CPSA calls on NSW Treasurer to include more ratepayer relief in NSW Budget 2024-25

Article published 12 March 2024

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IN NSW, the pensioner council rate rebate is legislated in the Local Government Act 1993 (NSW). It has been the same for more than thirty years.

The legislation says that eligible pensioners should receive a concession rate that is “one-half of the rate or charge” but that this reduction should be no more than $250.

At this point in time, very few ratepayers can expect to pay less than $500 per annum in rates. The 50% discount has become largely obsolete, resulting in a concession that offers only a fraction of the value that was initially intended in 1993.

In August last year CPSA was perplexed to receive a media release from the Office of Local Government, which was titled ‘Concessions now available to pensioners for council rates’.

This release boasted that eligible pensioners across NSW “can now apply for a rebate on their council rates to help with the rising cost of living”, before going on to say that “the NSW Government understands people are doing it tough right now, with pensioners especially vulnerable to rising cost of living”.

Good to know that the NSW Government knows that times are hard, but it’s more than a bit cheeky to present a thirty-year-old rebate as something new.

Changes to ‘rate peg’ heralds further increases

Each year, the Independent Pricing and Regulatory Tribunal (IPART) set a ‘rate peg’, which determines the maximum percentage of income that NSW local councils can generate through rates.

Most councils generate about a third of their income from rates, which are a form of property tax.

It’s a complicated system. If the rate peg is set at 4.2%, that means that councils can choose to increase their overall income from rates by 4.2%. This doesn’t mean that individual rates will increase by that much. Councils can divvy up that increase using their own methods. For instance, rates may be calculated differently for residential properties than farmland or businesses.

Last year, IPART changed the methodology they use to set the rate peg. As a result, many councils will increase their rates more than usual from later this year. In addition, 9 NSW councils have applied for a ‘special rate variation’ that will allow them to increase their rates even more.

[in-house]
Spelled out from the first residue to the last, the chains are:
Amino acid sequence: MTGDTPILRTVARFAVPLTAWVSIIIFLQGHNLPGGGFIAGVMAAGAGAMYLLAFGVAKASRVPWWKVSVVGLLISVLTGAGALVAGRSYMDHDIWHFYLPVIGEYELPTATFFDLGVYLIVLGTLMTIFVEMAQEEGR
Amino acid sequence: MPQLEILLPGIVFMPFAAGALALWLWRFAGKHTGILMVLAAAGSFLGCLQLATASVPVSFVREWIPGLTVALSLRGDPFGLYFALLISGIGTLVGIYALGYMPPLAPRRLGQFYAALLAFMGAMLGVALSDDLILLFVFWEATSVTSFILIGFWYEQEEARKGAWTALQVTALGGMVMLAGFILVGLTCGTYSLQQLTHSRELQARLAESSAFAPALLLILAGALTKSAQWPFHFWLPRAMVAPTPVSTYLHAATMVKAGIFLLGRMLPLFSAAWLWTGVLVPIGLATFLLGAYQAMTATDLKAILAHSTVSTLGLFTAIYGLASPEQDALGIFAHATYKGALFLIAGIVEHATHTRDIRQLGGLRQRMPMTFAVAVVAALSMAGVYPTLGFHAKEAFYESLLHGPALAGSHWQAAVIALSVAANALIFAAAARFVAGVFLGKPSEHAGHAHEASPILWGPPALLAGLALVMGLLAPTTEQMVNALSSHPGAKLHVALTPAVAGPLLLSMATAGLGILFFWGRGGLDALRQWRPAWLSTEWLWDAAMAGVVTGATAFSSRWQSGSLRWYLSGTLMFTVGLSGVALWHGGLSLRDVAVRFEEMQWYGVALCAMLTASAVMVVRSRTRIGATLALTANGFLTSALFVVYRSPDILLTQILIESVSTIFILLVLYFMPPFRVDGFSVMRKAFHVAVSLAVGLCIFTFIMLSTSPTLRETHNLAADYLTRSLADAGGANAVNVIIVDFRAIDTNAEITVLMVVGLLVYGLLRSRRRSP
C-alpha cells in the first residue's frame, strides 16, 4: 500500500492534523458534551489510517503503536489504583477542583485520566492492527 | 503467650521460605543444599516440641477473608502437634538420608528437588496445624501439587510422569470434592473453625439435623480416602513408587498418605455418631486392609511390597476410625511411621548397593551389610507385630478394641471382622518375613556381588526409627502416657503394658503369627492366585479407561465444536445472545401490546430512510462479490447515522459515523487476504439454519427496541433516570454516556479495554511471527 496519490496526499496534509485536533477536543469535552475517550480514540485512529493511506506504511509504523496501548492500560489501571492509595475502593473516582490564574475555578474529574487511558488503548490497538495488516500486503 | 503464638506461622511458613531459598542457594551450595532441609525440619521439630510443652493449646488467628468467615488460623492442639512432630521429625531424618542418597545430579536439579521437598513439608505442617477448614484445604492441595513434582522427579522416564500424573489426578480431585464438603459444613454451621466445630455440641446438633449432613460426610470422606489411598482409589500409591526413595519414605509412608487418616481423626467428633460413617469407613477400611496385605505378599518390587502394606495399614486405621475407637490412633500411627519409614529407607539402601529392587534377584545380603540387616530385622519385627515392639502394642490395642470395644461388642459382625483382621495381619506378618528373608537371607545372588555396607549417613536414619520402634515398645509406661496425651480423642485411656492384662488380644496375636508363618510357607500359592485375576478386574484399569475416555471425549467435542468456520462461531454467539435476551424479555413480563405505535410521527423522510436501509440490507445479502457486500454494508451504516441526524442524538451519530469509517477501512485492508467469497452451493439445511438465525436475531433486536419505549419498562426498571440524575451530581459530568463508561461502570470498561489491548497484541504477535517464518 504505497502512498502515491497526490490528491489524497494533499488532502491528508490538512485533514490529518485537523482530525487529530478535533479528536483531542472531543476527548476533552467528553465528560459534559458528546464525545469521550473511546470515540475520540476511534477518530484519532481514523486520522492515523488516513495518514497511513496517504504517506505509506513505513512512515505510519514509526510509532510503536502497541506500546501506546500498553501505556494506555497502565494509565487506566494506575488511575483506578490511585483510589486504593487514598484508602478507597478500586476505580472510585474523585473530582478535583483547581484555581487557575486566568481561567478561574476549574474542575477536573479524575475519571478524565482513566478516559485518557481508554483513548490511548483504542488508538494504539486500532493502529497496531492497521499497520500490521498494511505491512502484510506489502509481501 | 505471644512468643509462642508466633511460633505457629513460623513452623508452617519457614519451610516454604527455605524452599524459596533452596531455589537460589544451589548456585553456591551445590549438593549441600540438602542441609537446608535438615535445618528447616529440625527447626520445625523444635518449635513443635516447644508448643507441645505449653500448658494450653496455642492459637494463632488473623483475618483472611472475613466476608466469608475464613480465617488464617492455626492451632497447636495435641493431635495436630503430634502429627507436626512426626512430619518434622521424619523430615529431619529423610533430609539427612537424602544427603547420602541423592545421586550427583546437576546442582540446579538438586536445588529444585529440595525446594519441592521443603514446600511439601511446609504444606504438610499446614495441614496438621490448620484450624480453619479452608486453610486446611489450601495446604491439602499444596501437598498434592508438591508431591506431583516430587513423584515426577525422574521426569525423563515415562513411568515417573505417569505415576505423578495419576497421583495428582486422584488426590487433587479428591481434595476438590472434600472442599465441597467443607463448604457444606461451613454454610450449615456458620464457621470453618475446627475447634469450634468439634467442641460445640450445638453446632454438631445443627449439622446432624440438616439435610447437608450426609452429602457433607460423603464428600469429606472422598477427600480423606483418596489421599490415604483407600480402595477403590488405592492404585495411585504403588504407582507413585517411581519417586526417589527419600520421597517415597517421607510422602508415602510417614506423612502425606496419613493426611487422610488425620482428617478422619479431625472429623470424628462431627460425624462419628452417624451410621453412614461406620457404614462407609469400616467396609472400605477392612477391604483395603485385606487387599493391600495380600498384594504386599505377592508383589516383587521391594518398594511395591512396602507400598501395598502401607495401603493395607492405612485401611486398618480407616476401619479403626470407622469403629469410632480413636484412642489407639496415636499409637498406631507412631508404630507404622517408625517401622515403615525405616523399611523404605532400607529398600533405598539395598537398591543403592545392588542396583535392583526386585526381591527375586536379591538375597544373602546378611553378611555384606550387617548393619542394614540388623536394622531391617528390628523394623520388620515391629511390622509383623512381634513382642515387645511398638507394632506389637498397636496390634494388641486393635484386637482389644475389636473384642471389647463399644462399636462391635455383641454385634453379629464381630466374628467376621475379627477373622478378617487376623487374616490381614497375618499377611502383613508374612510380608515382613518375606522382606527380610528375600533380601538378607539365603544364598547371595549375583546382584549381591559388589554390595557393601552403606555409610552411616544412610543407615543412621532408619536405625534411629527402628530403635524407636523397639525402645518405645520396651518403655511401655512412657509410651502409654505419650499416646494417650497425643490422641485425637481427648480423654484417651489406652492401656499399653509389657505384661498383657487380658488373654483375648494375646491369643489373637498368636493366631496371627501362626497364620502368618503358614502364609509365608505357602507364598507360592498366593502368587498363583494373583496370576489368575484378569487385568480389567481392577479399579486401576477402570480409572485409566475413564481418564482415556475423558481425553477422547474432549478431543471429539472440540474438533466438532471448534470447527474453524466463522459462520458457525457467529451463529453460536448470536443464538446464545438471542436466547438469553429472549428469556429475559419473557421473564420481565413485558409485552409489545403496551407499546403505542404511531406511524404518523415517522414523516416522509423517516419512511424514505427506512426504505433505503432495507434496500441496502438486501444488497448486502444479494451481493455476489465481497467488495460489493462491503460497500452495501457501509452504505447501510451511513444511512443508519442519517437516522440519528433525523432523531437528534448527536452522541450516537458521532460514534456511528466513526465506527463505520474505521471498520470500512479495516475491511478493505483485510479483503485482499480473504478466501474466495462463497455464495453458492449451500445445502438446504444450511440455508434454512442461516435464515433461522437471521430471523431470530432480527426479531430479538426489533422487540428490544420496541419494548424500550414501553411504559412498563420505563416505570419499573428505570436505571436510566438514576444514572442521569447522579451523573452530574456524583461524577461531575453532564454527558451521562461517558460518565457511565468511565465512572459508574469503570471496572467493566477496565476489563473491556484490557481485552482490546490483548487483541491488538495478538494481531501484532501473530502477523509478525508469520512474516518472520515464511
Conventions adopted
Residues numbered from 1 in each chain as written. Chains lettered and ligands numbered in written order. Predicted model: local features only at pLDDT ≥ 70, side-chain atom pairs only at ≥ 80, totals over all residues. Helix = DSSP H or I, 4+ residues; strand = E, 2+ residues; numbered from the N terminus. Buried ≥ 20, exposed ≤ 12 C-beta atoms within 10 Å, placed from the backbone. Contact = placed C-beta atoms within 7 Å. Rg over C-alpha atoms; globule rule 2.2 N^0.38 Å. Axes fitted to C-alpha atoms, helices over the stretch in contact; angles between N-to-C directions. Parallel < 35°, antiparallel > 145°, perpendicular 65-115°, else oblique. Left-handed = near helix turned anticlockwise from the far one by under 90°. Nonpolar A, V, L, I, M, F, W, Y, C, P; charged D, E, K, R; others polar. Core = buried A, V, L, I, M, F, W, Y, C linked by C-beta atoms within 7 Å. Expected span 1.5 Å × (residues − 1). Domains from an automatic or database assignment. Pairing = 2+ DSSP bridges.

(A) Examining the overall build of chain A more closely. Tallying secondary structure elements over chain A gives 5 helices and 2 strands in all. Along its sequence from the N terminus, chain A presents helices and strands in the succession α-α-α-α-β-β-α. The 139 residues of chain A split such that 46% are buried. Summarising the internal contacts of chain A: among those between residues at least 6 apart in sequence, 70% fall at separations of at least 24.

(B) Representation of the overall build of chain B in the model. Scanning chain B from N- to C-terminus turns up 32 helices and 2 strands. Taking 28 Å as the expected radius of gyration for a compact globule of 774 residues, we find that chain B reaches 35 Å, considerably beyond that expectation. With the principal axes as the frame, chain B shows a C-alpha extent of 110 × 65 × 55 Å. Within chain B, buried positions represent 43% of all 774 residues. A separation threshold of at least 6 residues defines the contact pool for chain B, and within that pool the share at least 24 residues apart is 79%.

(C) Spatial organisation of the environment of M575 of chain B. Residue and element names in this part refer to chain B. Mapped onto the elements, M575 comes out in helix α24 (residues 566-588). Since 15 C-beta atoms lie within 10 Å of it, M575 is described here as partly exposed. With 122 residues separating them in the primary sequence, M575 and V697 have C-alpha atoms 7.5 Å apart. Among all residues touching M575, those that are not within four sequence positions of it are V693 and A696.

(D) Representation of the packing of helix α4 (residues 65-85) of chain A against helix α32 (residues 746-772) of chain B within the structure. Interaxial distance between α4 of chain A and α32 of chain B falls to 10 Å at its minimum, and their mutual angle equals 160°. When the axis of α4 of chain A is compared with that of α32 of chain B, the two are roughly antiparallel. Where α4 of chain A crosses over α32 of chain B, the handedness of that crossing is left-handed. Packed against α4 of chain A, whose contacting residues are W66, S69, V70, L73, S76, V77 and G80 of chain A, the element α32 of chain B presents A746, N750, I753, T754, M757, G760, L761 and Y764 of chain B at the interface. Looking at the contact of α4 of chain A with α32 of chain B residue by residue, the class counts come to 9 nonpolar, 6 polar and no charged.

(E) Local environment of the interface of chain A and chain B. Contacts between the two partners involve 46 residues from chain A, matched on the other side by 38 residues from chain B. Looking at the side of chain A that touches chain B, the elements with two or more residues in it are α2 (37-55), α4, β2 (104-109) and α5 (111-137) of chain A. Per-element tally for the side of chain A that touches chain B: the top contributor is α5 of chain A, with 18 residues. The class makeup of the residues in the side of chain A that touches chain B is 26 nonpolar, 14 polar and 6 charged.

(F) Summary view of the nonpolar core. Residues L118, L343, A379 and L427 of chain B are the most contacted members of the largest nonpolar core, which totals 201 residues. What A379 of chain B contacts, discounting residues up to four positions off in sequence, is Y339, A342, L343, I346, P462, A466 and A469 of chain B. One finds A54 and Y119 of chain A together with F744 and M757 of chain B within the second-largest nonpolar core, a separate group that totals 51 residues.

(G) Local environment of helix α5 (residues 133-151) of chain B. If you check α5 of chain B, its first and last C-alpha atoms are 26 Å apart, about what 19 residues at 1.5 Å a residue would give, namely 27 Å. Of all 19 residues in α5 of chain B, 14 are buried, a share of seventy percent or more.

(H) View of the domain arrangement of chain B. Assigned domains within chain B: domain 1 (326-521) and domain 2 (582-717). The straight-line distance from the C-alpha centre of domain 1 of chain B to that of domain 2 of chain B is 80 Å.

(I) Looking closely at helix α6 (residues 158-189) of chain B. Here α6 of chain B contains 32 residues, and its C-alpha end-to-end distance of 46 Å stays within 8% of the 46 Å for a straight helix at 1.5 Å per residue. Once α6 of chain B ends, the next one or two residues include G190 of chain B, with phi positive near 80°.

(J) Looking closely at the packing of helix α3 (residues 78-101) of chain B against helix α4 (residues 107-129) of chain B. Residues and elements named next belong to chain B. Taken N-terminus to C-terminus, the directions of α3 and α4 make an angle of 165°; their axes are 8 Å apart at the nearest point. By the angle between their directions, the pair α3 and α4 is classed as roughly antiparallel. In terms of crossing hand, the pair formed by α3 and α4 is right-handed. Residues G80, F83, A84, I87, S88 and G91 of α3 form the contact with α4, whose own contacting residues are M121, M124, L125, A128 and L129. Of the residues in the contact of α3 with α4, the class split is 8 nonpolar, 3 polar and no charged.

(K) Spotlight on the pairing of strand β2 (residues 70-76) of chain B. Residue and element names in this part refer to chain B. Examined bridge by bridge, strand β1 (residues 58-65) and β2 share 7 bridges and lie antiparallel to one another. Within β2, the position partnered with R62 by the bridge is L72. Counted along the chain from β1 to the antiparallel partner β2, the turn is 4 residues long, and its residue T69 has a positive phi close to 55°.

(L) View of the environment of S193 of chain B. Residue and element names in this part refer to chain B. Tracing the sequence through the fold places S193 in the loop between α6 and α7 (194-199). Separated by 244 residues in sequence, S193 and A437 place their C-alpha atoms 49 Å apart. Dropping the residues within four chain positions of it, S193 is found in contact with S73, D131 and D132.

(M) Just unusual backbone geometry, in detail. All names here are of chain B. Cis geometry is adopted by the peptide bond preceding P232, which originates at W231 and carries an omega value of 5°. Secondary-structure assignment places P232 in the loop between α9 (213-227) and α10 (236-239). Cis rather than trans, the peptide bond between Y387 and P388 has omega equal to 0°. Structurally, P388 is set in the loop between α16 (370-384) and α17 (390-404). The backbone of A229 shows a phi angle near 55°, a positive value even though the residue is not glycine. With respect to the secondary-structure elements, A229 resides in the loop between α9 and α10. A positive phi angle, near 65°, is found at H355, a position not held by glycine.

Local councils provide a range of essential services and facilities that communities need to function. However, many submissions made to IPART highlighted that local community members feel uncertain about the efficiency of their local council.

Others expressed further concern that substantial increases to rates will cause increased pressure on households and businesses that are already struggling to pay the bills.

IPART has recommended “a comprehensive state-wide evaluation of existing pensioner concessions”. Currently, an investigation of council financial models in NSW is underway, but there is only a small mention of “the interests of current and future ratepayers”. CPSA will make a submission calling for a more in-depth review of the available concessions.

What next?

CPSA has been a champion for regular indexation of the pensioner council rate rebate.

With last week’s news that the March 2024 pension increase will amount to less than $10 a week, as well as our forecast that council rates will only continue to climb rapidly, an investigation into the adequacy of rebates can’t come soon enough.

In a recent letter to the NSW Minster for Local Government, CPSA raised these concerns. In response, we were told that it is up to individual local councils to offer higher concessions and to support ratepayers who are facing hardship.

Currently, the NSW Government funds 55% of the pensioner council rate rebate, and local councils fund the remaining 45%. Councils may offer a higher discount at their own discretion.

It is CPSA’s view that it is not reasonable to leave it entirely to councils to provide further rate relief, which comes at the expense of other ratepayers in a concentrated area. The City of Sydney offers a 100% concession rate for pensioners, but only 3% of its residential ratepayers are eligible. By contrast, 20% of ratepayers on the Central Coast are pensioners. It doesn’t add up.

Whilst there are hardship provisions in the Act, these aren’t designed to address long-term financial hardship caused by ongoing unaffordability. Hardship policies are inconsistent between different LGAs and there is limited transparency around outcomes.

Should pensioners repeatedly apply for hardship provisions with no certainty of the outcome, or be put in a position where they determine that their property is no longer affordable and it’s time to sell up?

If rates increase by more than people can afford to pay, that isn’t financial hardship, it’s bad policy.

CPSA strongly recommends that the best way forward is to put measures in place to prevent hardship and urges Treasury to make provisions for increased pensioner council rate rebates in the 2024-25 budget.

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